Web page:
Aside from the commentary, it's the bare minimum: cast bios, a scant half-dozen
still photos, the Sasquatch trailer. And then there are the 'Bonus Trailers.'
Bonus trailers! I don't know why they didn't think of this earlier, back in
the days of VHS. Right on the box, it should have said, 'Not only do you get
this movie on VHS, but you also get something extra: trailers for other movies!'
Isn't that cool? Totally bonus, dude! Perhaps one day, movie theater operators
will get wise to this, and start charging us for all the bonus entertainment
we get from watching the 'coming attractions'.
Don't get me wrong. I'm not a trailer-hater. In fact, when I go to the theater,
I like a good five movie trailers before the main event. Anything less than
three, and I feel cheated. But getting trailers on a DVD is not a bonus. It's
expected. Maybe if there were, like, eight trailers, it'd be a bonus. But there
are only two, for the movies Infestation and Boa, starring Dean
Cain. After a brief preview of those movies, Sasquatch starts looking
like a wise entertainment choice.
Probably the most interesting aspect of Sasquatch is that it's based
on a true story. How do I know this? Because it says so right on the DVD case.
There's even an epilogue at the end of the movie to bring in that documentary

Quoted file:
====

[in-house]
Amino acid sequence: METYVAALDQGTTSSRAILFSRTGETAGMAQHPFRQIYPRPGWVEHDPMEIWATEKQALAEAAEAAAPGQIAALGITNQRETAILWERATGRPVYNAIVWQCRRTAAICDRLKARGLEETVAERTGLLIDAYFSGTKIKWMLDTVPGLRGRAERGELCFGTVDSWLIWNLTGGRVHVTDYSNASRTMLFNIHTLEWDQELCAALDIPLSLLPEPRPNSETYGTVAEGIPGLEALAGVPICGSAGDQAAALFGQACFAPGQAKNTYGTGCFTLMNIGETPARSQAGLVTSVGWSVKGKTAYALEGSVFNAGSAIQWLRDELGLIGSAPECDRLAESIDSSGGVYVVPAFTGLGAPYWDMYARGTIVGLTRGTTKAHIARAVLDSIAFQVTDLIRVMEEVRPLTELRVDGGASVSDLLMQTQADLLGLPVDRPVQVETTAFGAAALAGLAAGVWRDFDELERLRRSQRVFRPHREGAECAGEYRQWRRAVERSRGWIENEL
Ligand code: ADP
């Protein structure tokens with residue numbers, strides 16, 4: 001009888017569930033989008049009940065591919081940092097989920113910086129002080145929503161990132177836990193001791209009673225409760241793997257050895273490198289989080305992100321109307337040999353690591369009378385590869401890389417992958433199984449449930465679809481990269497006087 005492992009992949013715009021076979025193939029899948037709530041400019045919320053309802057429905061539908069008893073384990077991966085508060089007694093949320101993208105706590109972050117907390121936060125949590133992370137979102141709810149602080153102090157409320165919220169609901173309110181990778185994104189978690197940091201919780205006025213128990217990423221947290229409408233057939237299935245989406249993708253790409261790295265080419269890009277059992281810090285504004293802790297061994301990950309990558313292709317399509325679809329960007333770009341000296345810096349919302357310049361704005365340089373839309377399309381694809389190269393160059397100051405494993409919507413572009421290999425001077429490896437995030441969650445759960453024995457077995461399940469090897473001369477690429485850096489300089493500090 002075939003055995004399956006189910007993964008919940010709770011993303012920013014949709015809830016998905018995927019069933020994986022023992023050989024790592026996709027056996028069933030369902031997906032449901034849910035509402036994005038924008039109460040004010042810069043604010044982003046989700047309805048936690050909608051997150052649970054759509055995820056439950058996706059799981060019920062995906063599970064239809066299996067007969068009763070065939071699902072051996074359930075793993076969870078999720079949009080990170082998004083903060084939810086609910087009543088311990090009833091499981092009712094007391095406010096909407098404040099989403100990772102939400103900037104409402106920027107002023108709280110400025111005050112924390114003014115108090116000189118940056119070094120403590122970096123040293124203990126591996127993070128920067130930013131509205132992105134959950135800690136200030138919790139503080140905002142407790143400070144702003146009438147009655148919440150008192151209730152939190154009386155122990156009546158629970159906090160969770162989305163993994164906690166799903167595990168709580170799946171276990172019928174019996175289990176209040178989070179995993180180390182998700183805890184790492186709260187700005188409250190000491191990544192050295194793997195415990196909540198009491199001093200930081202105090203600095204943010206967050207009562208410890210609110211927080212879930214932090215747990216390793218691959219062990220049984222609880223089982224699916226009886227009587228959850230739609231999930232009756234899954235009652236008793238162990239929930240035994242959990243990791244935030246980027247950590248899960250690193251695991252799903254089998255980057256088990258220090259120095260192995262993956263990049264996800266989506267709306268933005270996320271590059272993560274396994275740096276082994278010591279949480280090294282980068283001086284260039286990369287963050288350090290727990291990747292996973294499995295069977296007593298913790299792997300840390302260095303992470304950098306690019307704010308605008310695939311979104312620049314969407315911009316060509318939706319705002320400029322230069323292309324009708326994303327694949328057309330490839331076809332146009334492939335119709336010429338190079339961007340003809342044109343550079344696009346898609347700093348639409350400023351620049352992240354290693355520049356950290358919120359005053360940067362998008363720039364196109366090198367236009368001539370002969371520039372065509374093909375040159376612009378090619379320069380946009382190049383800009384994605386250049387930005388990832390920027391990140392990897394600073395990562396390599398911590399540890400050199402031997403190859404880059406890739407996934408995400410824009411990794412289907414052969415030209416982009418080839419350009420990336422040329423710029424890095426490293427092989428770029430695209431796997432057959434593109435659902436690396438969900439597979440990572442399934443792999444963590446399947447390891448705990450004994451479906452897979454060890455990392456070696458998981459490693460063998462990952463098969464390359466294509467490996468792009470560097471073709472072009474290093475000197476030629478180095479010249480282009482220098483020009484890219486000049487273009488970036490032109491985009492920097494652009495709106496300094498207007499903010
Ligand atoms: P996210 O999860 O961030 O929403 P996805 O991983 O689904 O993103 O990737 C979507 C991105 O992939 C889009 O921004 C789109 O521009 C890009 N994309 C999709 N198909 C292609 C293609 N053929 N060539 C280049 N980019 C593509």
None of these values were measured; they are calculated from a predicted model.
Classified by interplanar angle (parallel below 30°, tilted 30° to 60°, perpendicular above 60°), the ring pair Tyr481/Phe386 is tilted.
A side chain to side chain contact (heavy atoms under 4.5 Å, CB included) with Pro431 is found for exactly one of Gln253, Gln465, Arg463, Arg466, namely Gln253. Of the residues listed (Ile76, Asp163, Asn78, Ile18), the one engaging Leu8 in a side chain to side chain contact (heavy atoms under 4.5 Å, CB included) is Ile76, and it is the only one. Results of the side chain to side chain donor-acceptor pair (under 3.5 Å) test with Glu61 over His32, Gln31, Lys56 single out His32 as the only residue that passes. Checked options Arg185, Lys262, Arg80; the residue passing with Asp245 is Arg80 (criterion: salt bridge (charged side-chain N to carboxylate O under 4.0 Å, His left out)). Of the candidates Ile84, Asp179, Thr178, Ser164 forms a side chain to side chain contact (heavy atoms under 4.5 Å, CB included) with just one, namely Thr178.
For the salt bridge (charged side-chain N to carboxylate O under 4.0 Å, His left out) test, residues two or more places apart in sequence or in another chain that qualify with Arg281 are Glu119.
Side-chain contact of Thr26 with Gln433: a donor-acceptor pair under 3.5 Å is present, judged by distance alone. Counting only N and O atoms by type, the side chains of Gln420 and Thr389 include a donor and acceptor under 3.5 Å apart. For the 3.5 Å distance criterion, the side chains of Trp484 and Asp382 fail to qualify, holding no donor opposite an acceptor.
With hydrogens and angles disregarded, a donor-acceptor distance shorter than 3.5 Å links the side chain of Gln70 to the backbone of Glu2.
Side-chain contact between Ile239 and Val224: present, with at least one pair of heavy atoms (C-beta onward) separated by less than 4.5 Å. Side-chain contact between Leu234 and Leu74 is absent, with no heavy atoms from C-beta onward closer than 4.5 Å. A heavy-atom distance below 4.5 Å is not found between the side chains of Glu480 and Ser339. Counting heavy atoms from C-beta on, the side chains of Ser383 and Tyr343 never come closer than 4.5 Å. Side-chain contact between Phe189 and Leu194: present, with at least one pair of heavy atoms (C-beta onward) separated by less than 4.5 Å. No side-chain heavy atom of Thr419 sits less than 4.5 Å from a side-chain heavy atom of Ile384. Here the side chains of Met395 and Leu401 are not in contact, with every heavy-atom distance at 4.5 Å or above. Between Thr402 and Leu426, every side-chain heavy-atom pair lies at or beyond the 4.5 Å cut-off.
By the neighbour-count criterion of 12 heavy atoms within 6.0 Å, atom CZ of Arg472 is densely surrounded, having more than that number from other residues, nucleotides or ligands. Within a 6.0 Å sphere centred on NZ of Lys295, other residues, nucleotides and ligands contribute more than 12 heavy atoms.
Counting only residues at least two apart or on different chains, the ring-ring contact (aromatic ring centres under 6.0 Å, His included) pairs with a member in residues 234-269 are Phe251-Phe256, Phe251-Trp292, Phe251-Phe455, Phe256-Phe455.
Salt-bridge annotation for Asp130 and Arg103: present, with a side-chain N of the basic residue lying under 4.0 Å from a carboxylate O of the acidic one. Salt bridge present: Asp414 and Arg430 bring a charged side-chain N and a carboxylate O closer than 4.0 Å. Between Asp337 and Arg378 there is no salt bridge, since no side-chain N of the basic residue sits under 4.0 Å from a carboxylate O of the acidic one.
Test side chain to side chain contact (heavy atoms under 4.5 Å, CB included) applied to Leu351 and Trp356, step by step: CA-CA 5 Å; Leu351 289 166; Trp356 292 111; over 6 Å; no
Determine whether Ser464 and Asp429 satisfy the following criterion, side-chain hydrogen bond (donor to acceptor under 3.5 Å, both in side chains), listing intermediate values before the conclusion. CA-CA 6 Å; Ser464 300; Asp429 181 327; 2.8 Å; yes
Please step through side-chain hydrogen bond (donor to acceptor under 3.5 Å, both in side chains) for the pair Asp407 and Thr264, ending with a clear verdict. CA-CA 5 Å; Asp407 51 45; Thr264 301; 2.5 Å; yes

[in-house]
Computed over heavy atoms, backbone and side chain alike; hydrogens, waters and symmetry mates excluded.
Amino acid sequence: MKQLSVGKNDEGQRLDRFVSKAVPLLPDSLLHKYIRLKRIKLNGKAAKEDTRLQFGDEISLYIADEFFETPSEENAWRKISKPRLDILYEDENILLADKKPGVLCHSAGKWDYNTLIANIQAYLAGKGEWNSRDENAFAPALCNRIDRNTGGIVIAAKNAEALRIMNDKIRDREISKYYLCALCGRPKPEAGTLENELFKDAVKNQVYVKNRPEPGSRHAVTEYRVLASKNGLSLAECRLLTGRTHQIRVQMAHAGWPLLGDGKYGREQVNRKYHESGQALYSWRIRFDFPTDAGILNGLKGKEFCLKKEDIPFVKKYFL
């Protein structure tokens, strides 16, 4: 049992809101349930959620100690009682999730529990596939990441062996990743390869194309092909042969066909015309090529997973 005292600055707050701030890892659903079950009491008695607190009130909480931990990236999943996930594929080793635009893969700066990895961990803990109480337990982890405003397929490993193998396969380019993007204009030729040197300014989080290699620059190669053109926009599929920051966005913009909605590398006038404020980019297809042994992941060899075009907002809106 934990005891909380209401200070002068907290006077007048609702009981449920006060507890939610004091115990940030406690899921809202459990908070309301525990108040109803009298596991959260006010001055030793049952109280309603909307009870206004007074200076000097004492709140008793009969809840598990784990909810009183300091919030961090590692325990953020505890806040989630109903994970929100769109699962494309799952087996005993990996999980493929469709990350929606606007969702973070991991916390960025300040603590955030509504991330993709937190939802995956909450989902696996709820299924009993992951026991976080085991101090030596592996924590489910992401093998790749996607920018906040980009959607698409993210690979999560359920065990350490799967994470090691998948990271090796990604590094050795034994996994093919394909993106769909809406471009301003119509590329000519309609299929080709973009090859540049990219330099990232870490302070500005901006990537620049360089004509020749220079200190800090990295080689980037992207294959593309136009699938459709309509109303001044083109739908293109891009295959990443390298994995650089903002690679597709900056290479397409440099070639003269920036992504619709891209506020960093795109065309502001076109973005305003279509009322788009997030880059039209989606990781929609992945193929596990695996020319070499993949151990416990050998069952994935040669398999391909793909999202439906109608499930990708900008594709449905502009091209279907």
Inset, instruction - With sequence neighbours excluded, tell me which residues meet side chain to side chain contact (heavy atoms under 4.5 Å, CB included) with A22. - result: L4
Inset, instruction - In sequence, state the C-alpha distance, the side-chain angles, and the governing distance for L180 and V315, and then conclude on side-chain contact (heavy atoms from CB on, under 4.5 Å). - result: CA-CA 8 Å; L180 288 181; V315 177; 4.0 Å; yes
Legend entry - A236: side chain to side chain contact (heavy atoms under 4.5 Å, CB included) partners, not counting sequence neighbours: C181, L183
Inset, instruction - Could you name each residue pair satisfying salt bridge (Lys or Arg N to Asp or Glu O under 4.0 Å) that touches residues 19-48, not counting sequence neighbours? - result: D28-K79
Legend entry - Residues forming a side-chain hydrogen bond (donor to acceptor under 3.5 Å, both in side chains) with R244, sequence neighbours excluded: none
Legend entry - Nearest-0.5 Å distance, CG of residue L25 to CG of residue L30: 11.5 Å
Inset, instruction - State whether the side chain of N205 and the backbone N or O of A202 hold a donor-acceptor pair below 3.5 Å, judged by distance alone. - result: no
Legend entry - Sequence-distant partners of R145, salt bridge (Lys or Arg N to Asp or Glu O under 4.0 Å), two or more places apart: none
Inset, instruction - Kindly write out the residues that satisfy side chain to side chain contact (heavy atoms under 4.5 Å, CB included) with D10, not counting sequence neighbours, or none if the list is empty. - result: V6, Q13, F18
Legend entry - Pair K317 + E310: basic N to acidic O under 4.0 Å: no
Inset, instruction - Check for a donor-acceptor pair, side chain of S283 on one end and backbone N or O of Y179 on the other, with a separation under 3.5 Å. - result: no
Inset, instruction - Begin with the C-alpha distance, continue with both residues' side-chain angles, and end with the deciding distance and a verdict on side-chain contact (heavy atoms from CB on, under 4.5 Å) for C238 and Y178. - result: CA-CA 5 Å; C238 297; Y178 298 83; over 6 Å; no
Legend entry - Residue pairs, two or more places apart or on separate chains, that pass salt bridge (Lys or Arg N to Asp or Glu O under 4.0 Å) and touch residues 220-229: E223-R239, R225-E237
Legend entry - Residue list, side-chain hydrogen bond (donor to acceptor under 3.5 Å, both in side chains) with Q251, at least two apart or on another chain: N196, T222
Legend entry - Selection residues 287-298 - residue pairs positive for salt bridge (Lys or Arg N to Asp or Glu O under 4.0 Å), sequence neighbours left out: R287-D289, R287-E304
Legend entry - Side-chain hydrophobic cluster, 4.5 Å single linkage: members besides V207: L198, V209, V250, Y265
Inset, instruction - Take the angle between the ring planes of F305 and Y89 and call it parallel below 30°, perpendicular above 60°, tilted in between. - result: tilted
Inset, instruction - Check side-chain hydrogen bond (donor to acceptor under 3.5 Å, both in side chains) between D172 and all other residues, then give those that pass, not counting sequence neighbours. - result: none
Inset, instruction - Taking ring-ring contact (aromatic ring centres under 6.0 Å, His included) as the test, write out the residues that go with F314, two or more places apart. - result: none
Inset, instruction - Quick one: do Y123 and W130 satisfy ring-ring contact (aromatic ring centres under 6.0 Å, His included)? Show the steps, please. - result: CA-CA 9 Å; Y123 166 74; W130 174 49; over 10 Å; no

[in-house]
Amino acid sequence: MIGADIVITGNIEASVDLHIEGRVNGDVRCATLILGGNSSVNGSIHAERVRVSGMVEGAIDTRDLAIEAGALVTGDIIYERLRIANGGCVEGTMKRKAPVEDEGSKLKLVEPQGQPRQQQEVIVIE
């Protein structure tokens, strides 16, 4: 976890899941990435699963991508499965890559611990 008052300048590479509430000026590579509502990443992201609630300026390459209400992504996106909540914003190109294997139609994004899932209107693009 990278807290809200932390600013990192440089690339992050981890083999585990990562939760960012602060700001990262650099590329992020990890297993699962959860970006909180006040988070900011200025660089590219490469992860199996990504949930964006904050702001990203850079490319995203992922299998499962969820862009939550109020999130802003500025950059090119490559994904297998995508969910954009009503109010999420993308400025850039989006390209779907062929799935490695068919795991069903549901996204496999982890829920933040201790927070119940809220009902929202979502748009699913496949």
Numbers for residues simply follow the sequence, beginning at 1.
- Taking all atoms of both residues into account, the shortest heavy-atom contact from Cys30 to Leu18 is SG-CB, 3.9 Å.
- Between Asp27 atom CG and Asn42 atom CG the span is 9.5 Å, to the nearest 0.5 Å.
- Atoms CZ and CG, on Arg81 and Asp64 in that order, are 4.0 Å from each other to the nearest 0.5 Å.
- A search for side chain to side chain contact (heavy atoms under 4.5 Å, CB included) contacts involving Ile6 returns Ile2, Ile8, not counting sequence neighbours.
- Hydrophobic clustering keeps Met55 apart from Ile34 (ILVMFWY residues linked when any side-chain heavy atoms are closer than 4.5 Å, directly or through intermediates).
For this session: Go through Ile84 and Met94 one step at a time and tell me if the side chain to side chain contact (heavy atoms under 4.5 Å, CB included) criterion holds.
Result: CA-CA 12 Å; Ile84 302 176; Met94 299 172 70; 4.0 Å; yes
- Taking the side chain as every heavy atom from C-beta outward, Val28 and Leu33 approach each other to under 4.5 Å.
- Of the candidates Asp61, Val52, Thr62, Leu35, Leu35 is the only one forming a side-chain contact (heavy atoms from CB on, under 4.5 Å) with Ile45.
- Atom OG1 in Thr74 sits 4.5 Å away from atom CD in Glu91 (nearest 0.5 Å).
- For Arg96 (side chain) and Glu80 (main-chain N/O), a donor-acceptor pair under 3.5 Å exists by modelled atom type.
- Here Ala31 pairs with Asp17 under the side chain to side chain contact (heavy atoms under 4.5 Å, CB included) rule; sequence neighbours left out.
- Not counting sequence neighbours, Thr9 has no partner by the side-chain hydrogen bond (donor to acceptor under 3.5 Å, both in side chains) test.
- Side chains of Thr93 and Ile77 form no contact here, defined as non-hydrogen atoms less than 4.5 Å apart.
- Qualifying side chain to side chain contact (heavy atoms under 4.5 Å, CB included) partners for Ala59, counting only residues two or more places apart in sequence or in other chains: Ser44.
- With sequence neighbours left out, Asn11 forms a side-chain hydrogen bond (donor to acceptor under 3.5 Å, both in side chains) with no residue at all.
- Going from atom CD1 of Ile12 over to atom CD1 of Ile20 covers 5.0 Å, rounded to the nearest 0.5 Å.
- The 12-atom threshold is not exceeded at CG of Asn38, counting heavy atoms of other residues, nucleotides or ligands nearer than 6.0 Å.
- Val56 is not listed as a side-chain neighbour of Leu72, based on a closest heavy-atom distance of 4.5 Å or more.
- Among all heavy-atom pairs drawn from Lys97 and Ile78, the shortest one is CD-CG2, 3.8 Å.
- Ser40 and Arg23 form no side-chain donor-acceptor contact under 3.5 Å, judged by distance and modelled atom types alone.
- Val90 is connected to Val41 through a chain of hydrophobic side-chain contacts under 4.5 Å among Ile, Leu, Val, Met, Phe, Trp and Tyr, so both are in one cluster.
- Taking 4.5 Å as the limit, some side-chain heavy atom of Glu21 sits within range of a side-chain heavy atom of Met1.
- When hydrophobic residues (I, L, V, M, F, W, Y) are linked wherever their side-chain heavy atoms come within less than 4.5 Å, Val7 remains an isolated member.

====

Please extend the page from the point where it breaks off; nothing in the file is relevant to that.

vibe. When the credits rolled, the one thing that kept me briefly thinking about
the movie was that I wondered about the 'true story' that inspired the movie.
But the commentary track doesn't really make reference to it. Nor is there some
feature (even a text-only one would have been fine) that gives some details
about the 'true story.' Nor does the official website have anything more solid
than some random Bigfoot links. Which leads me to suspect that Sasquatch
is based on a true story the same way some X-Files episodes are based
on a true story. The kind of 'based on a true story' where you read some books
about the collected lore of a creature, and then write a fictional piece with
fictional events and fictional characters.
Recommended for Bigfoot completists and Lance Henriksen groupies only.
The Movie Itself: 2 out of 10
The DVD Features: 3 out of 10